Bipolar Disorder and Alcohol Use Disorder: A Review
- 1.2k Downloads
Bipolar disorder and alcohol use disorder represent a significant comorbid population, which is significantly worse than either diagnosis alone in presentation, duration, co-morbidity, cost, suicide rate, and poor response to treatment. They share some common characteristics in relation to genetic background, neuroimaging findings, and some biochemical findings. They can be treated with separate care, or ideally some form of integrated care. There are a number of pharmacotherapy trials, and psychotherapy trials that can aid program development. Post-treatment prognosis can be influenced by a number of factors including early abstinence, baseline low anxiety, engagement with an aftercare program and female gender. The future development of novel therapies relies upon increased psychiatric and medical awareness of the co-morbidity, and further research into novel therapies for the comorbid group.
KeywordsAlcohol use disorder AUD Bipolar disorder BD Comorbidity Genetics Neuroimaging Treatment Integrated Psychotherapy Pharmacotherapy Treatment program FIRESIDE Integrated group therapy Psychiatry
This paper was supported, in part, by Grant K24DA022288 (RDW) and K99/R00DA029115 (KPH) from the National Institute on Drug Abuse.
C. K. Farren: consultant for Lundbeck and travel/accommodations/meeting expenses reimbursed from GlaxoSmithKline; K. P. Hill: none; R. D. Weiss: consultant for Titan Pharmaceuticals and Reckitt Benckiser.
Papers of particular interest, published recently, have been highlighted as: • Of importance •• Of major importance
- 10.Maier W, Merikangas K. Co-occurrence and cotransmission of affective disorders and alcoholism in families. Br J Psychiatry. 1996;30(Suppl):93–100.Google Scholar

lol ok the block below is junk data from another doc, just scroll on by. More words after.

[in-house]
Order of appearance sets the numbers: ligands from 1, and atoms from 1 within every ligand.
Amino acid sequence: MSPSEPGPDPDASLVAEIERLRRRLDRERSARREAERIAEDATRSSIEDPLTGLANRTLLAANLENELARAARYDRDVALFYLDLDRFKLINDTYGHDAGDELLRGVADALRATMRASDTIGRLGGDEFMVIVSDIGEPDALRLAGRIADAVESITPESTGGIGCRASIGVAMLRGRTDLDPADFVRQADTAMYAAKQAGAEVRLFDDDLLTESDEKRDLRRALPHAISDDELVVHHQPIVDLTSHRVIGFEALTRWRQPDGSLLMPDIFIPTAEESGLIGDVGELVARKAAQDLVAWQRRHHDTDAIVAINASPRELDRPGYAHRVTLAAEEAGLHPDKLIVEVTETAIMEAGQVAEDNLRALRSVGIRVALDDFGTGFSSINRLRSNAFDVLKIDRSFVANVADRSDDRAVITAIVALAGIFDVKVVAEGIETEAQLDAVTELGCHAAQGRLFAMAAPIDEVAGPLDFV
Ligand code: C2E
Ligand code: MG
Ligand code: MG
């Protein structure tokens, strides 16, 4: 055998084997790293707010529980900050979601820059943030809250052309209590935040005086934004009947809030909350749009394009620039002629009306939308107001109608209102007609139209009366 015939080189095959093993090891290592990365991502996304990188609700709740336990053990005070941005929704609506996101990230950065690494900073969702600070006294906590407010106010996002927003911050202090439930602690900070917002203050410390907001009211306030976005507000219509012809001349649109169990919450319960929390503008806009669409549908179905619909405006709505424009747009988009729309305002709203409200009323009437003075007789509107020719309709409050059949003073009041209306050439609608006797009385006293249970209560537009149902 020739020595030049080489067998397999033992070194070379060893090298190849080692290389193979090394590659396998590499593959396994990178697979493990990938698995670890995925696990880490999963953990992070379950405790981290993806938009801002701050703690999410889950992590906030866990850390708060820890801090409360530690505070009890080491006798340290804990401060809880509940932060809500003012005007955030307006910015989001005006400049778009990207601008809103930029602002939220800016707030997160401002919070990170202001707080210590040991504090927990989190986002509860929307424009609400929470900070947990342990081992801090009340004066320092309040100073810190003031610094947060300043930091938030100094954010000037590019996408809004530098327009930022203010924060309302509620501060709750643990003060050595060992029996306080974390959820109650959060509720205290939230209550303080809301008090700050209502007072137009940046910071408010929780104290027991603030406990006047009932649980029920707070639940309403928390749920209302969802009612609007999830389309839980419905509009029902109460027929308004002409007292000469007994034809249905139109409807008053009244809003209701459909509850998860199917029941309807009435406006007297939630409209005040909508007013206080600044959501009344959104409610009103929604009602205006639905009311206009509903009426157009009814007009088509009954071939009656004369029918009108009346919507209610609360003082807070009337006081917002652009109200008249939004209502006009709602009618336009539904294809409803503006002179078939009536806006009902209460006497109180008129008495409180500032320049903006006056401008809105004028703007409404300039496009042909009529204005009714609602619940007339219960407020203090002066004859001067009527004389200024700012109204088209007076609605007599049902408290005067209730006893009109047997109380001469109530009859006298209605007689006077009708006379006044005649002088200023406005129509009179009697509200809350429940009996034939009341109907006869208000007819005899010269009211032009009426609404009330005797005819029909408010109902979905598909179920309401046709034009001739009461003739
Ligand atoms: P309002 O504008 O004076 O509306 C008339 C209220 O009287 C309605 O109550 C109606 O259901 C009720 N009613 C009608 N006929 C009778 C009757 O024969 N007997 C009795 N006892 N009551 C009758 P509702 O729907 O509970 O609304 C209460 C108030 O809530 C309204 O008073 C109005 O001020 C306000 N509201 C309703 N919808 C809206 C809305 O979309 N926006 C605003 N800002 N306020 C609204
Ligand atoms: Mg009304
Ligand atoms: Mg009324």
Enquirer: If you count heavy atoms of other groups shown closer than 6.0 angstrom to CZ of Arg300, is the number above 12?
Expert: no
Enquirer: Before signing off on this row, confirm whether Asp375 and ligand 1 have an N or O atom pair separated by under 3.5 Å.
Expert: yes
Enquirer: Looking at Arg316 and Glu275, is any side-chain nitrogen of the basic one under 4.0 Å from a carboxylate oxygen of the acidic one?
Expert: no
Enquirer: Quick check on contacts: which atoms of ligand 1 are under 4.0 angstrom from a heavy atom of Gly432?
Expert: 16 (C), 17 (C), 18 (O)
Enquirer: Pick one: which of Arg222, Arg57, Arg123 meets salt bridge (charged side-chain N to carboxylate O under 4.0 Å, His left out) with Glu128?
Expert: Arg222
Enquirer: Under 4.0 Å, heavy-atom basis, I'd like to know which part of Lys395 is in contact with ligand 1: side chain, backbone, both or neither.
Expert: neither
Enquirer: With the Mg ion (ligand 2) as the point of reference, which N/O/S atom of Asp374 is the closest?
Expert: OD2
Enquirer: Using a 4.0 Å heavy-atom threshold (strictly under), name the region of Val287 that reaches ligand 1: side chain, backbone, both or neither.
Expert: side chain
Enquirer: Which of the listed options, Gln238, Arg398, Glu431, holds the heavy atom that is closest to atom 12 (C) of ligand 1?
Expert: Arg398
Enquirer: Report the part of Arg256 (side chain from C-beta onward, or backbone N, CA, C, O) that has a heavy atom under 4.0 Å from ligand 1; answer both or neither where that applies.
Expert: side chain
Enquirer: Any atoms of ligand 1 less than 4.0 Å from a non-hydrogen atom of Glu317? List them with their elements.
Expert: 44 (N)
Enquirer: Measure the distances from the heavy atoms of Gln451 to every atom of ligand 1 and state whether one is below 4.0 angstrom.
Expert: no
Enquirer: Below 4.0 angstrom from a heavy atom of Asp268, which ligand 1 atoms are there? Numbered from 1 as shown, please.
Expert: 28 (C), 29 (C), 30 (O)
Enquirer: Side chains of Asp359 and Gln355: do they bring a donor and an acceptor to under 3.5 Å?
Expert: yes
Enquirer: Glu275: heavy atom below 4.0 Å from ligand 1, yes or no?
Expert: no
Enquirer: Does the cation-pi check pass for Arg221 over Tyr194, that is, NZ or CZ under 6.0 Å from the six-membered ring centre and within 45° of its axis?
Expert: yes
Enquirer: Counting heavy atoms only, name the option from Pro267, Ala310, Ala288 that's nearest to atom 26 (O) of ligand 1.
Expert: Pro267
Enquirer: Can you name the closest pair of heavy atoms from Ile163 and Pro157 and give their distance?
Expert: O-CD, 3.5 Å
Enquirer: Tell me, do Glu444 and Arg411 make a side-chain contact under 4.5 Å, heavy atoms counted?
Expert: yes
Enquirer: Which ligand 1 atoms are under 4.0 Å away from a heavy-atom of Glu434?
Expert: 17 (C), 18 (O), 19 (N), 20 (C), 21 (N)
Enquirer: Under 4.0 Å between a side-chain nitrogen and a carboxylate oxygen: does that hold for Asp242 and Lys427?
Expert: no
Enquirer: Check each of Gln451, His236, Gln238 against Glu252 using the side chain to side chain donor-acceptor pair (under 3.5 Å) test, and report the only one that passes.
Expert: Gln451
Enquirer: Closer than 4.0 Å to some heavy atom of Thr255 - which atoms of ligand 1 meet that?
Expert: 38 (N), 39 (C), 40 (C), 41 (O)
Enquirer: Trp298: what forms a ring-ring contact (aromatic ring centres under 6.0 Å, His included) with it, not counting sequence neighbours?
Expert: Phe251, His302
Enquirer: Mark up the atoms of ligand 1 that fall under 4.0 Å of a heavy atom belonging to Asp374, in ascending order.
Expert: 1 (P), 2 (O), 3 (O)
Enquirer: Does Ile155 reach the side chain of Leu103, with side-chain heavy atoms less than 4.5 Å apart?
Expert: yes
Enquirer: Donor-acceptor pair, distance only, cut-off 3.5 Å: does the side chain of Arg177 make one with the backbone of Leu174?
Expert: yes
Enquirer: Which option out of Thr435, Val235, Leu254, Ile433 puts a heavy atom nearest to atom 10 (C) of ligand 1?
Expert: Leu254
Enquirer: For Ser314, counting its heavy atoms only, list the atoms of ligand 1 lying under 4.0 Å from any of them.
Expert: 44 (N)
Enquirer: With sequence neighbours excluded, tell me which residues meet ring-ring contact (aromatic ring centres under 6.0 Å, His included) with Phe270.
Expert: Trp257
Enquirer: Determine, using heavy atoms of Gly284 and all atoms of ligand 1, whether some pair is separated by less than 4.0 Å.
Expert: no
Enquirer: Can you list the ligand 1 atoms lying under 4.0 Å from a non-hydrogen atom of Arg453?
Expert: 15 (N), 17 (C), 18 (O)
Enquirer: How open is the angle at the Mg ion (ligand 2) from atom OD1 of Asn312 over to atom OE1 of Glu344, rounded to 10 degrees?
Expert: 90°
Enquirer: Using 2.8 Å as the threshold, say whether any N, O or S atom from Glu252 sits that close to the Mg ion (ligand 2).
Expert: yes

- 30.Farren CK, Buchsbaum M, Hazlett E, Banks A. FDG-PET scanning in newly abstinent alcoholics: Fronto-striatal abnormalities. Alcohol Clin Exp Res. 2001;25(Suppl):78A.Google Scholar
- 37.Project MATCH Research Group. Matching alcoholism treatments to client heterogeneity: project MATCH posttreatment drinking outcomes. J Stud Alcohol. 1997;58:7–29.Google Scholar
- 42.•• Farren CK, McElroy S. Predictive factors for relapse after an integrated inpatient treatment program for unipolar depressed and bipolar alcoholics. Alcohol Alcohol. 2010;45:527–33. This research assesses the predictive factors that have been identified that predict response to an integrated inpatient treatment programme for BD and AUD.PubMedGoogle Scholar
- 47.•• Weiss RD, Griffin ML, Jaffee WB, Bender RE, Graff FS, Gallop RJ, Fitzmaurice GM. A “community-friendly” version of integrated group therapy for patients with bipolar disorder and substance dependence: a randomized controlled trial. Drug Alcohol Depend. 2009;104:212–9. This paper examines the effectiveness of the novel therapy IGT in the treatment of comorbid BD and substance dependence in the real world setting of community treatment programmes, applicable outside research centres..PubMedCrossRefGoogle Scholar
- 48.Weiss RD, Connery HS. Integrated group therapy for bipolar disorder and substance abuse. New York: Guilford Press; 2011.Google Scholar
- 50.Daley DC, Mercer D, Carpenter G. Group drug counseling for cocaine dependence: therapy manuals for drug addition. United States Department of Health and Human Services, 2002.Google Scholar
- 58.Kemp DE, Gao K, Ganocy SJ, Elhaj O, Bilali SR, Conroy C, et al. A 6-month double-blind, maintenance trial of lithium monotherapy versus the combination of lithium and divalproex for rapid-cycling bipolar disorder and co-occurring substance abuse or dependence. J Clin Psychiatry. 2009;70:113–21.PubMedCrossRefGoogle Scholar
- 68.Salloum I, Cornelius J, Thase M, Daley D, Kirisci L, Spotts C. Naltrexone utility in depressed alcoholics. Psychopharmacology. 1998;34:111–5.Google Scholar
- 73.• Brown ES, Carmody TJ, Schmitz JM, Caetano R, Adinoff B, Swann AC, Rush AJ. A randomized, double-blind, placebo-controlled pilot study of naltrexone in outpatients with bipolar disorder and alcohol dependence. Alcohol Clin Exp Res. 2009;33:1863–9. This study examines a study response to the anticraving medication naltrexone in BD and AUD in an outpatient setting. Although essentially a negative study, it is an important milestone in pharmacotherapy trials for this comorbidity.PubMedCrossRefGoogle Scholar